TITLE: Choose to Forgive
By Betty Shattuck
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CHOOSE TO FORGIVE
By Betty Shattuck
As I was sitting in the police station on that warm August afternoon, I heard the still, small voice of the Lord gently say to me, “You have to forgive him.”
I thought, “Oh, that’s right! Nothing like a crucial experience to test what I just taught my Sunday school class yesterday! Lord, you’re going to have to help me do this, but I confess to you that I do forgive him, please help me to feel it.”
I looked over and saw the police officer that had driven me to the station a few hours before and walked over to him.
I said, “Could you get a message to the young man that robbed me and tell him that I forgive him for what he did? I will press charges, though, because he must learn that he cannot go around doing these things, but I want him to know I forgive him because of Christ’s forgiveness.”
The policeman was astounded at what I said because, just a few hours earlier, I was laying on the floor of the church office where I worked, with a threatening knife at my throat as this guy was attempting to cut off my bra.
During those fearful moments, I said to my attacker, “May I pray for you?” Out loud I prayed, “Father, show him that you love him, that you died for him and you want him to be your child.
Looking back at this experience makes me grateful that the Lord had been preparing me while I was studying for my Sunday school lesson. The steps I taught my class were played out in the above scenario.
The first step was to choose to forgive. Ephesians 4:32 says, “Be kind to each other, tenderhearted, forgiving one another, just as God has forgiven you because you belong to Christ.” Forgiveness is not entirely an unselfish act. If I didn’t forgive, my heart and mind would become bitter, resentful, angry, hateful, fearful and revengeful. I would be hurting myself and I definitely did not want to do that! Also, Jesus said in Matthew 6:14-15: “Your heavenly Father will forgive you if you forgive those who sin against you; but if you refuse to forgive them, He will not forgive you.”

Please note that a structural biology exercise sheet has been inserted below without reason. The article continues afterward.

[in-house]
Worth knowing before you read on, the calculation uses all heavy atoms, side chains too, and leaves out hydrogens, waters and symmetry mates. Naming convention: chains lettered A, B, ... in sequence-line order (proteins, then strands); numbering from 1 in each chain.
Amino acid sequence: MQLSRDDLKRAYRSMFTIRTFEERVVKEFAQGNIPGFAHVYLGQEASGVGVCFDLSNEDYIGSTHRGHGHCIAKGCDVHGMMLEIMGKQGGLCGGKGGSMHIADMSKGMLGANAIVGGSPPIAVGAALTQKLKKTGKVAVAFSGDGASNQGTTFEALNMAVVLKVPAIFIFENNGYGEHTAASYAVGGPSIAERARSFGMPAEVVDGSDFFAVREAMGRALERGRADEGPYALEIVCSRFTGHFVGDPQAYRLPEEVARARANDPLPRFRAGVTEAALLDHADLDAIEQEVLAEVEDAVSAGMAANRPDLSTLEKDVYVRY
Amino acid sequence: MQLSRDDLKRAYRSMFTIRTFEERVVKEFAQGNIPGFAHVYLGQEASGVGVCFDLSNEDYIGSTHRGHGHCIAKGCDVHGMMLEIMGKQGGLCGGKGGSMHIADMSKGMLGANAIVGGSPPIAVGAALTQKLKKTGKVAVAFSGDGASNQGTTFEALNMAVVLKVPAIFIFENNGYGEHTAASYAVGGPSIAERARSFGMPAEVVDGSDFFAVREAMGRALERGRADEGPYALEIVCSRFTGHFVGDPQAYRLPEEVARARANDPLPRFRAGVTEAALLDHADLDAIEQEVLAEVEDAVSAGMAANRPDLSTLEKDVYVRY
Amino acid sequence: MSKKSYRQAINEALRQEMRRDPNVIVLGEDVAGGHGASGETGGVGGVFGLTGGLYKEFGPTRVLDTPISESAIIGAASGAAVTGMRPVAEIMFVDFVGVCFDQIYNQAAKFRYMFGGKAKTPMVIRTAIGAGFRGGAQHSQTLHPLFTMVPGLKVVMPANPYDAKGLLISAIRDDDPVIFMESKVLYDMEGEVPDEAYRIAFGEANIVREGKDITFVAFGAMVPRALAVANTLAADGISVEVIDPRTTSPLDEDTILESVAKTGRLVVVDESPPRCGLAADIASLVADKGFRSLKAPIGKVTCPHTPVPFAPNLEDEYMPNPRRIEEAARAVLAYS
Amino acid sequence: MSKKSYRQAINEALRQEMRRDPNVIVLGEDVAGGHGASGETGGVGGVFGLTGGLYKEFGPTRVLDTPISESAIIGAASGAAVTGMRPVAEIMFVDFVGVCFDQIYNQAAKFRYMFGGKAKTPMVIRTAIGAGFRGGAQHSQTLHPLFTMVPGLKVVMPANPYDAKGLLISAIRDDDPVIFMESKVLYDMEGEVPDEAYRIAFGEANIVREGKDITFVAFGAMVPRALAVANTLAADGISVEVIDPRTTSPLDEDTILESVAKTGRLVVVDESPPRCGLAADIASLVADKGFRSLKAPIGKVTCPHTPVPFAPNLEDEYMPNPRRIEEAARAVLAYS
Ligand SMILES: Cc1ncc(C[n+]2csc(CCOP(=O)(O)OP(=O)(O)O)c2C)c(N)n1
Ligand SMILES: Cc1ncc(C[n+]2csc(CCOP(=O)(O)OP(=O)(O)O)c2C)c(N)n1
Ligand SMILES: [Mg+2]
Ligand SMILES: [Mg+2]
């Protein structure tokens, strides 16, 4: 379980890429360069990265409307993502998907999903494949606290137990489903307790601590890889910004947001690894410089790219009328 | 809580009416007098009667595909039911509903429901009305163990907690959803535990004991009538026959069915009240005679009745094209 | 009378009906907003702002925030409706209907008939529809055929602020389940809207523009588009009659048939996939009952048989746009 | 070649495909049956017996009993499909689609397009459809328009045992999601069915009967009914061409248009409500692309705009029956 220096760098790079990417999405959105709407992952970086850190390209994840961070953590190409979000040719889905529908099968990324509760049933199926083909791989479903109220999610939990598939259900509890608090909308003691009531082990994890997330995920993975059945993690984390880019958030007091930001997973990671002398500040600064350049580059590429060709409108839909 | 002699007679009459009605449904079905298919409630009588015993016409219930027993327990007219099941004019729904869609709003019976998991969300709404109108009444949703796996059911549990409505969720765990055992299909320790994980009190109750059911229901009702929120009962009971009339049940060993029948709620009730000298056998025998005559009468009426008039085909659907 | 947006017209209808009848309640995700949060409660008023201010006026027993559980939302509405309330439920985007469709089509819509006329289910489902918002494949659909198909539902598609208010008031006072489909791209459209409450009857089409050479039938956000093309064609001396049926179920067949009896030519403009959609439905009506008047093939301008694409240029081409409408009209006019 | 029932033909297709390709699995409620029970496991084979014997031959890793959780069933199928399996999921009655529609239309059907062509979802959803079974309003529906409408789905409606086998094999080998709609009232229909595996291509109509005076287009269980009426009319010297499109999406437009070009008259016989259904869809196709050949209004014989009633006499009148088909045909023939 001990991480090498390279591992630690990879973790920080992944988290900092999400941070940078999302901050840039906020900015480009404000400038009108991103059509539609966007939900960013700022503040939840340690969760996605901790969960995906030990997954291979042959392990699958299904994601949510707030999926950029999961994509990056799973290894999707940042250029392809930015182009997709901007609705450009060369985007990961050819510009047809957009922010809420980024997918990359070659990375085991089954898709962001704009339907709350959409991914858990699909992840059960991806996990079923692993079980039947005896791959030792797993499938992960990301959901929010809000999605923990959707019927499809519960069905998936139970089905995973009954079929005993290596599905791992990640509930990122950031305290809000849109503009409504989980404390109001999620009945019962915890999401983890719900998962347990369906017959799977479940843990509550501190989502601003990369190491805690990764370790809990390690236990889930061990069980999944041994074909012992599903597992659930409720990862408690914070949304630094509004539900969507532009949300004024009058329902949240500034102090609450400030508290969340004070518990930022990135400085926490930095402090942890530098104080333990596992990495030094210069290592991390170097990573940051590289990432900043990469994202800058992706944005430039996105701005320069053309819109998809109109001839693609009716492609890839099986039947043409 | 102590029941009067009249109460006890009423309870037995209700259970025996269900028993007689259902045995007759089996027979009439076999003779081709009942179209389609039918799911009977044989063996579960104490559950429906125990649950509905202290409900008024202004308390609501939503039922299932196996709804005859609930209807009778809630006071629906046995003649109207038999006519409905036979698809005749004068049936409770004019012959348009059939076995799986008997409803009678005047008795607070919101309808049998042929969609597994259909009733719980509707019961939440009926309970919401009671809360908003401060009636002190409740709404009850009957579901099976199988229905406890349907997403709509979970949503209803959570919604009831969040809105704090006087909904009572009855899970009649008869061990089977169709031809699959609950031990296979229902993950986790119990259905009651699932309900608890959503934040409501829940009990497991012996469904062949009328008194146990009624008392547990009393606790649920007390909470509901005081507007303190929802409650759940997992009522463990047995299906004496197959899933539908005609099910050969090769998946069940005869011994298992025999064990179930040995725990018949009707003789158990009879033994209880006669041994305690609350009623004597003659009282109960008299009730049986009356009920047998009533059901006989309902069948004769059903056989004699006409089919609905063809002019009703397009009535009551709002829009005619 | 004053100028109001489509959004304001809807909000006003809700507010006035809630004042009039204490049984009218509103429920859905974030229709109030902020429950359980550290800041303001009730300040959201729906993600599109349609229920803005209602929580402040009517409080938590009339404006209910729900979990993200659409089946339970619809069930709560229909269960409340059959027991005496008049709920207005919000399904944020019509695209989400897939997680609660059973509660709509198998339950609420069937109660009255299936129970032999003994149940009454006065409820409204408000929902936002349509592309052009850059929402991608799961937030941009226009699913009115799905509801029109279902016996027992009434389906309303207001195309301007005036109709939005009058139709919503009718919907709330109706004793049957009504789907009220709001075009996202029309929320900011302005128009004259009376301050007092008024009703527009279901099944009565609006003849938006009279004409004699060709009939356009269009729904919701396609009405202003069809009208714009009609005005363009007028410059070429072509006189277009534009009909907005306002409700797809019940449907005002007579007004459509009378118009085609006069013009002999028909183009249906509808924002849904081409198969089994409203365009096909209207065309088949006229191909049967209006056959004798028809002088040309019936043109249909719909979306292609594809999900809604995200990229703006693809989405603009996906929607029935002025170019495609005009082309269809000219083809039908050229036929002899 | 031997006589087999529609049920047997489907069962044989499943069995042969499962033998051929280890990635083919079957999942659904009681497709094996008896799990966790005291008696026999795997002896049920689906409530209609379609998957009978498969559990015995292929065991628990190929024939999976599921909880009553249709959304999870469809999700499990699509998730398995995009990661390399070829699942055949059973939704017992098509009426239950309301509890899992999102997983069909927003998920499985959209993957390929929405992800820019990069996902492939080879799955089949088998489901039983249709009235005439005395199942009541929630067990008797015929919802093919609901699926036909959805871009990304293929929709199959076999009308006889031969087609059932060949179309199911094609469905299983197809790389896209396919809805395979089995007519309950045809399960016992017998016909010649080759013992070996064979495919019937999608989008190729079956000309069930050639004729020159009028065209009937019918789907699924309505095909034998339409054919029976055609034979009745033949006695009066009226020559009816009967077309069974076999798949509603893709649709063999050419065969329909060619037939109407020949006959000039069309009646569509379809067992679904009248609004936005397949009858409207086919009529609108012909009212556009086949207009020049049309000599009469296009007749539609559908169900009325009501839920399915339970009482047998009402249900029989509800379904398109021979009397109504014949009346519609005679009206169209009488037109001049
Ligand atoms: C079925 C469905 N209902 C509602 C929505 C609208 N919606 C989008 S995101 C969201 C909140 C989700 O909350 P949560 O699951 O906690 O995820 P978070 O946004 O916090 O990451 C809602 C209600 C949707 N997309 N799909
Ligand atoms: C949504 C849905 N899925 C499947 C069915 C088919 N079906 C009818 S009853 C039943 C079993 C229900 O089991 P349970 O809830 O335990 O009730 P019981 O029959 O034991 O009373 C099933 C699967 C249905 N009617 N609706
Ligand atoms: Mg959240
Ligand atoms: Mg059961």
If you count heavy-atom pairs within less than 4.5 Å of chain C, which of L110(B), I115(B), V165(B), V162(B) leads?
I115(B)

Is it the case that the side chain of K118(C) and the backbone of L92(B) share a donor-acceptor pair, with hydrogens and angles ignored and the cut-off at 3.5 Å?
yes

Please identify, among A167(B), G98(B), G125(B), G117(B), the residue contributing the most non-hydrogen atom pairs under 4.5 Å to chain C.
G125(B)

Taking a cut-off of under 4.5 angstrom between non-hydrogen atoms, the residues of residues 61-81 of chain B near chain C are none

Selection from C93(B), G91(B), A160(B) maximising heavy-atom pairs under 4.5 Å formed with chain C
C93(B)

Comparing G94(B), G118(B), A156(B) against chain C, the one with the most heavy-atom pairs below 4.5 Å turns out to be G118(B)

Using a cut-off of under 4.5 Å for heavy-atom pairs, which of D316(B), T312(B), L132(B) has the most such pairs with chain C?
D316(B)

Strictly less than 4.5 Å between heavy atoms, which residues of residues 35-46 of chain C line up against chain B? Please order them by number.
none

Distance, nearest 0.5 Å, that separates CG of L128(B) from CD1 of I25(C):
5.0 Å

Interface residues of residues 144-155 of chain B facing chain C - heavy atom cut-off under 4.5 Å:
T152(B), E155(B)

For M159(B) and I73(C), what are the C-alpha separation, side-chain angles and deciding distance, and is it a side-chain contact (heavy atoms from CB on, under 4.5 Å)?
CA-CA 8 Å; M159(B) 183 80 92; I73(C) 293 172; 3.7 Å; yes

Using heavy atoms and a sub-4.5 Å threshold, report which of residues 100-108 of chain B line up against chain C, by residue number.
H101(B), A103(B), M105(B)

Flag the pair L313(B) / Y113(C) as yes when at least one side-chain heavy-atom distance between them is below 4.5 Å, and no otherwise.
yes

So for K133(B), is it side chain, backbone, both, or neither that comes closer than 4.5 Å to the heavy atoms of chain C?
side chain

Remembering those verses convinced me to choose to forgive. I just had to be willing to forgive and Christ did the rest. Isn’t that the way it always works? We just have to be willing to forgive, to love, to encourage, to praise God, to be a witness, to be obedient, to go where and do what he wants us to do. Once we choose and are willing, Christ does the work in our hearts, opens doors, prepares the way, gives wisdom, courage and strength and even implants love within our hearts for those who hurt us.
The second step is to acknowledge that you forgive. Telling someone is the first step in doing it. Your words become a confession of faith. You may eventually be tempted to get angry, but by again stating that you forgave and it’s settled, you put that person or situation “under the blood of Christ.”
Thirdly, pray that God will bless that person. I know the Holy Spirit was in control of my words that day, because instead of praying the fear of God into him, my prayer was that God would reveal Himself to the culprit. Remember in Luke 6:24, Jesus said, “Love your enemies. Do good to those who hate you. Pray for the happiness of those who curse you. Implore God’s blessing on those who hurt you.” (LB) By praying for God’s blessing on your enemy, God will give you love for them. Which again takes us back to the beginning steps -- to be willing to love them.
I believe that forgiving him within hours of the incident released me to receive spiritual, emotional and psychological healing and comfort from God in a shortened space of time. And most importantly, it also released my husband and family from unforgiveness, hatred and revenge against this young man. Further, it witnessed to the offender and his family, the probation officer and the police officers on the case.
This experience also gave me the opportunity to share the forgiveness message with my unsaved alcoholic neighbor, at a church and jail ministry services, and at a Women’s Aglow meeting. People revealed to me of their decision to forgive someone who had hurt them because this important message touched their heart. Through letters exchanged between us and through a chaplain’s ministry, the young man eventually confessed Christ as his Savior while he was still incarcerated.
I know my forgiveness released Satan’s grasp on him which enabled him to receive from God the forgiveness and blessings that I declared to him on that fateful summer day. I am overjoyed to see that this encounter was used for good and not evil, all because of making the right choices which allowed God to work.
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